In September 2022, I sent my guys to West Des Moines, Iowa, to install metal cladding on a dome home with historical significance. The home, dubbed Stonebridge, was built in 1980 by Jack Boyt, Monolithic Dome Airform pioneer and original owner of Precision Air Structures.
My dad and Jack worked together for many years, collaborating and improving Jack’s original Airform manufacturing methods. When Jack retired, Dad bought Precision Air and moved the company to Texas, where it was ultimately renamed Monolithic Airform Manufacturing.
The house has 2,184 square feet on two floors spanning two of a three-dome cluster. The third dome is a 604-square-foot garage.
Stonebridge dome had had the Airform peeled from the exterior back in 1980. We used to do that back in the day. We thought we could save money by reusing the Airforms. We quickly learned that Airforms need to be custom-made every time and will rarely fit a second project. We also discovered huge benefits to leaving the Airform on the dome. The Airform acts as a single-ply roof membrane and protects the polyurethane foam from UV rays and environmental erosive agents. Without the Airform, water will eventually saturate the foam and leak into the concrete. The rebar in the concrete will rust if it comes in contact with water, and the foam will deteriorate into nothing.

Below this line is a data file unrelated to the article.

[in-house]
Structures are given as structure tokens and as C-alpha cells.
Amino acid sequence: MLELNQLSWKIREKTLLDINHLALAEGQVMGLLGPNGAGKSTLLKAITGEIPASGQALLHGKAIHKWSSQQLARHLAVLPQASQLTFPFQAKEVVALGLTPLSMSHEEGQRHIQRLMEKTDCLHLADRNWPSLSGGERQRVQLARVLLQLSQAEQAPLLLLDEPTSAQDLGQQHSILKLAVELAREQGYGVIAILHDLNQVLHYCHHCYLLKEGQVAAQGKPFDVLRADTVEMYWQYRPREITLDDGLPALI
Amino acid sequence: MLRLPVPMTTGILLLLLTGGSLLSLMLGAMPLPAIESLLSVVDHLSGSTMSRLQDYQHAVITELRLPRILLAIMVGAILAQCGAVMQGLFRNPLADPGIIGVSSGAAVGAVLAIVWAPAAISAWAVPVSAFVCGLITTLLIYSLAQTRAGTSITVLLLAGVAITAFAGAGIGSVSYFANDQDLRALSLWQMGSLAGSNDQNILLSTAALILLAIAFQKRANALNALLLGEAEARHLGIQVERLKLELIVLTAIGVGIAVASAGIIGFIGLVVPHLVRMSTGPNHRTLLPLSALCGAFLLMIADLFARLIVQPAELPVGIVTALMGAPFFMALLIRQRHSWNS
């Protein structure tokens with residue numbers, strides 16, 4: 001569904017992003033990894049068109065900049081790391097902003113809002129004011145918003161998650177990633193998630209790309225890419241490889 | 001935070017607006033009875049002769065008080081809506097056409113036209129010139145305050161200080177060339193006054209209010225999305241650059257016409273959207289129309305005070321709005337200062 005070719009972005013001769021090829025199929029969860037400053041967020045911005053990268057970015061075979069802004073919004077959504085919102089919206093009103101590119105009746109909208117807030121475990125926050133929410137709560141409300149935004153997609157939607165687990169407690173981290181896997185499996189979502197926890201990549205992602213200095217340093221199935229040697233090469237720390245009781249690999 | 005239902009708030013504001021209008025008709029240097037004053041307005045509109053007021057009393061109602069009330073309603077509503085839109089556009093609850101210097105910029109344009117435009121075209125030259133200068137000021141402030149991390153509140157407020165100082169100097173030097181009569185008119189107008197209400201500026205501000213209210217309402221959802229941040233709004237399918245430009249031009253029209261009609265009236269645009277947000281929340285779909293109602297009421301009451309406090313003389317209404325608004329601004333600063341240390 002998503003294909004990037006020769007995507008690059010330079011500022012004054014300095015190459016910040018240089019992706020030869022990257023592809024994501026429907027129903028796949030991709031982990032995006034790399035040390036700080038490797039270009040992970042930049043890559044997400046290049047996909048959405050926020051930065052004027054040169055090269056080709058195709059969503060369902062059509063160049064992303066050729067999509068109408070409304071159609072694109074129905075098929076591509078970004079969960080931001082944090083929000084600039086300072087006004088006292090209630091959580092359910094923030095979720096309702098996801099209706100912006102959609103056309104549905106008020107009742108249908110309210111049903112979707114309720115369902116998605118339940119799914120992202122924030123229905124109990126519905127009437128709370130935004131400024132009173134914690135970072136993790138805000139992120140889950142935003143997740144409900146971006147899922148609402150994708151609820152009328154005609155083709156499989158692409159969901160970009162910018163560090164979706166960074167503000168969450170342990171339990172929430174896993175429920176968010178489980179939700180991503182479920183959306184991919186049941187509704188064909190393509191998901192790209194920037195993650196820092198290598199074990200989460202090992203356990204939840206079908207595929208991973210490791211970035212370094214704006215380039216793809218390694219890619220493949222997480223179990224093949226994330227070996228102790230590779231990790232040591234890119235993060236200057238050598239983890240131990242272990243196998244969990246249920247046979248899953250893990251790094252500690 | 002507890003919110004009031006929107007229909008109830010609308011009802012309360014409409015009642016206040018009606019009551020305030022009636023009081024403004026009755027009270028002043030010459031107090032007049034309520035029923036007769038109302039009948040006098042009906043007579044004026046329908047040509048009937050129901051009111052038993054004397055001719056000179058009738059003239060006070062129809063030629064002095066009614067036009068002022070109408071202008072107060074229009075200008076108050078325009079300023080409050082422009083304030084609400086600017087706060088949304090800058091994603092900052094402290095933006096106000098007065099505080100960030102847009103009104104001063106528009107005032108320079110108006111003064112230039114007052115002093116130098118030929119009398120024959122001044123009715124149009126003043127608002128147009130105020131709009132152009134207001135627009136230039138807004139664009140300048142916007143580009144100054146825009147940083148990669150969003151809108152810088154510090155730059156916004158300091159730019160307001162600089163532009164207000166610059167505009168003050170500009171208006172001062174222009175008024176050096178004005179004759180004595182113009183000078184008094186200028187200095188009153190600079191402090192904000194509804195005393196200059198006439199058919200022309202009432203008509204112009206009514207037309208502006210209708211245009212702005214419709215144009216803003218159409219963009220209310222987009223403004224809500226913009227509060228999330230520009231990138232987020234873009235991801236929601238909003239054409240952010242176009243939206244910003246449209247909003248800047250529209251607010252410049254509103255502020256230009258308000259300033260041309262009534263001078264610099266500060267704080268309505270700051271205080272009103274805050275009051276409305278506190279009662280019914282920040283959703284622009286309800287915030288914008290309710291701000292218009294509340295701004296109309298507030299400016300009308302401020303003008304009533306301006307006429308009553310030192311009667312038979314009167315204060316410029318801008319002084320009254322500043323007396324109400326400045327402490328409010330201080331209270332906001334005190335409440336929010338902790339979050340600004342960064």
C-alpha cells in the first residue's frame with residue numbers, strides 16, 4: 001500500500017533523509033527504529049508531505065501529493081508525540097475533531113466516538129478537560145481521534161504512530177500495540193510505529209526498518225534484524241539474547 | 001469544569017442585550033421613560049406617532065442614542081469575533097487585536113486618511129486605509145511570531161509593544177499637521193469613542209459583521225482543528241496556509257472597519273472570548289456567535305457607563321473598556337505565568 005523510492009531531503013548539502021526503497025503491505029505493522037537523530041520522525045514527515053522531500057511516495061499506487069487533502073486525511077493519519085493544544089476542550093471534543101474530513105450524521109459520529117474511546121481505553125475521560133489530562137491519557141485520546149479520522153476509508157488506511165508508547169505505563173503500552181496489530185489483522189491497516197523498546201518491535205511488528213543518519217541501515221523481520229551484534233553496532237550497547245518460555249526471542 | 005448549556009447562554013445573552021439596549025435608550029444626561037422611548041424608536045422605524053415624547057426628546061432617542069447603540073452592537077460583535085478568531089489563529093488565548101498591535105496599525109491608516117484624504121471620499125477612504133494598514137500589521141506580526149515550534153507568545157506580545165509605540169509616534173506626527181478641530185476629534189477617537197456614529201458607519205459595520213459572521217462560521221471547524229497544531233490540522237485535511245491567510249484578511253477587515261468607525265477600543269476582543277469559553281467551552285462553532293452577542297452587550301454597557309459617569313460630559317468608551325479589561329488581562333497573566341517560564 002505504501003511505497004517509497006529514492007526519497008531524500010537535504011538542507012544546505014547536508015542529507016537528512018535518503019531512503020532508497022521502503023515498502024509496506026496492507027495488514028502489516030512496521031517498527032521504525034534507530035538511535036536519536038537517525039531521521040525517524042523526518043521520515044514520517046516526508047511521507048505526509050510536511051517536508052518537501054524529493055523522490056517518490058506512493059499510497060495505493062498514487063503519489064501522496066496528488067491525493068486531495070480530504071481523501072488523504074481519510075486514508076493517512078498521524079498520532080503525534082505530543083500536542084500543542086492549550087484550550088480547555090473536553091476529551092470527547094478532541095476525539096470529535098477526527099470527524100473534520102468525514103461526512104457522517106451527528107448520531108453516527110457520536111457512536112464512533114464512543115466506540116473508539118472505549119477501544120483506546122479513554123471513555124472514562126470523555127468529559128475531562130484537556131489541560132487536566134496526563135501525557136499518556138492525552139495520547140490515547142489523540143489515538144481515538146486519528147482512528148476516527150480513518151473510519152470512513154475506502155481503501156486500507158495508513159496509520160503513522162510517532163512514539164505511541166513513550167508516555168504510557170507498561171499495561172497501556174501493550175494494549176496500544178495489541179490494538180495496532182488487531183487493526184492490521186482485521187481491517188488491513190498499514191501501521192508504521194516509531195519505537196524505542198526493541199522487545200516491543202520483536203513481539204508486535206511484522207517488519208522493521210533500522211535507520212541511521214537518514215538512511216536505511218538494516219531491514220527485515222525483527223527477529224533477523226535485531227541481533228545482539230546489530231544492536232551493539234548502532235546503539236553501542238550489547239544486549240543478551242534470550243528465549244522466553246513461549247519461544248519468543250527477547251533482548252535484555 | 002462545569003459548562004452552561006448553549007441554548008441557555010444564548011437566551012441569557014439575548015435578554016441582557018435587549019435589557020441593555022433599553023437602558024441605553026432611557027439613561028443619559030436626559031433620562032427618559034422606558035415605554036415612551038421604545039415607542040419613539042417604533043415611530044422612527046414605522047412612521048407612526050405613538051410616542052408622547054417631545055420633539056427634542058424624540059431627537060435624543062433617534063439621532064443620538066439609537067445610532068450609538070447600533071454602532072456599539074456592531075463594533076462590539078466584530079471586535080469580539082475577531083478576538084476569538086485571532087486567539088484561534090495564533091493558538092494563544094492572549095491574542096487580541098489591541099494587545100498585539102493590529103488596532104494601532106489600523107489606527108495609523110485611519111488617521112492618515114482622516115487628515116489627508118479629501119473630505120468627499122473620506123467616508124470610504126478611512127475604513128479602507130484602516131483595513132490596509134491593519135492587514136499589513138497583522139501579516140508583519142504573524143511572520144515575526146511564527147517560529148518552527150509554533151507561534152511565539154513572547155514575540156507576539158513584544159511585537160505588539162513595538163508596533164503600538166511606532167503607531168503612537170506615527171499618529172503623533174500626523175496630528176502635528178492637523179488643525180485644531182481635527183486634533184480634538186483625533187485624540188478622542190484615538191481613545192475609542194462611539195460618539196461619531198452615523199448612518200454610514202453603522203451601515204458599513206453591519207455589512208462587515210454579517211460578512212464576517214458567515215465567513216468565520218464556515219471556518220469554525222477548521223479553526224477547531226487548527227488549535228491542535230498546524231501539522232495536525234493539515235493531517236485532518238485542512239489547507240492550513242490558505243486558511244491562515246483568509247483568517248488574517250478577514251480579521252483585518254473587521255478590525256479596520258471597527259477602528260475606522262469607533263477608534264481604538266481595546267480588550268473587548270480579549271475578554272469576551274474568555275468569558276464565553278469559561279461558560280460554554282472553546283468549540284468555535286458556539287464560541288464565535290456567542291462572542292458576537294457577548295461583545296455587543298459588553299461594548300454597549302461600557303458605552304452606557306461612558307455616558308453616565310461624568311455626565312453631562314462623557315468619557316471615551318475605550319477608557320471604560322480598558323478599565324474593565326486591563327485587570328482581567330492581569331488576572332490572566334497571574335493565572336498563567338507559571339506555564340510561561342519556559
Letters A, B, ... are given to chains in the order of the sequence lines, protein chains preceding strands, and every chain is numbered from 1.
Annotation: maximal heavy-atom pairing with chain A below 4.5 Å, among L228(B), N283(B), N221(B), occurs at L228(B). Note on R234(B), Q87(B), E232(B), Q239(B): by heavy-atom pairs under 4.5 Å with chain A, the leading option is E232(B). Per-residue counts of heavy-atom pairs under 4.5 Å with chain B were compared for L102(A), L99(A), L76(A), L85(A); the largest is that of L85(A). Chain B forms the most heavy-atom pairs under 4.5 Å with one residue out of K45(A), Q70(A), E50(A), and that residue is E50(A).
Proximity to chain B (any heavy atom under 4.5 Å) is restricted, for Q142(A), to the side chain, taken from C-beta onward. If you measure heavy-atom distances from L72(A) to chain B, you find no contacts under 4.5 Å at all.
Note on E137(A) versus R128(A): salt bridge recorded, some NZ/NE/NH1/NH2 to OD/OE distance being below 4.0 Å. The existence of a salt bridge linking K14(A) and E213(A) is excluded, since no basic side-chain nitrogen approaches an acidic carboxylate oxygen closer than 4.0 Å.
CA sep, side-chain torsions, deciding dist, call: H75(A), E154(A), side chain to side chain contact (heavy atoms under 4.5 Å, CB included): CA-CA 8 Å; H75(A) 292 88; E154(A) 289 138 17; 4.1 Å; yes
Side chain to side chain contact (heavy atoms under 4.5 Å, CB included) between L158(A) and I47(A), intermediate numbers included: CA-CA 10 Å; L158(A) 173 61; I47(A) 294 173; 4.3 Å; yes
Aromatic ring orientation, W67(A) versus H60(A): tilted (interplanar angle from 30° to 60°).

At some point, someone applied an elastomeric coating to the dome. It probably looked great for a while, but it had totally delaminated and was coming off in sheets when we got the call that Stonebridge needed renovating.
Metal cladding is great for a job like this, where the Airform is nonexistent or mostly worn away. The shingles protect the foam from further erosion while allowing any water trapped in the foam to evaporate. Plus, the finished project looks beautiful and will last for many, many years to come.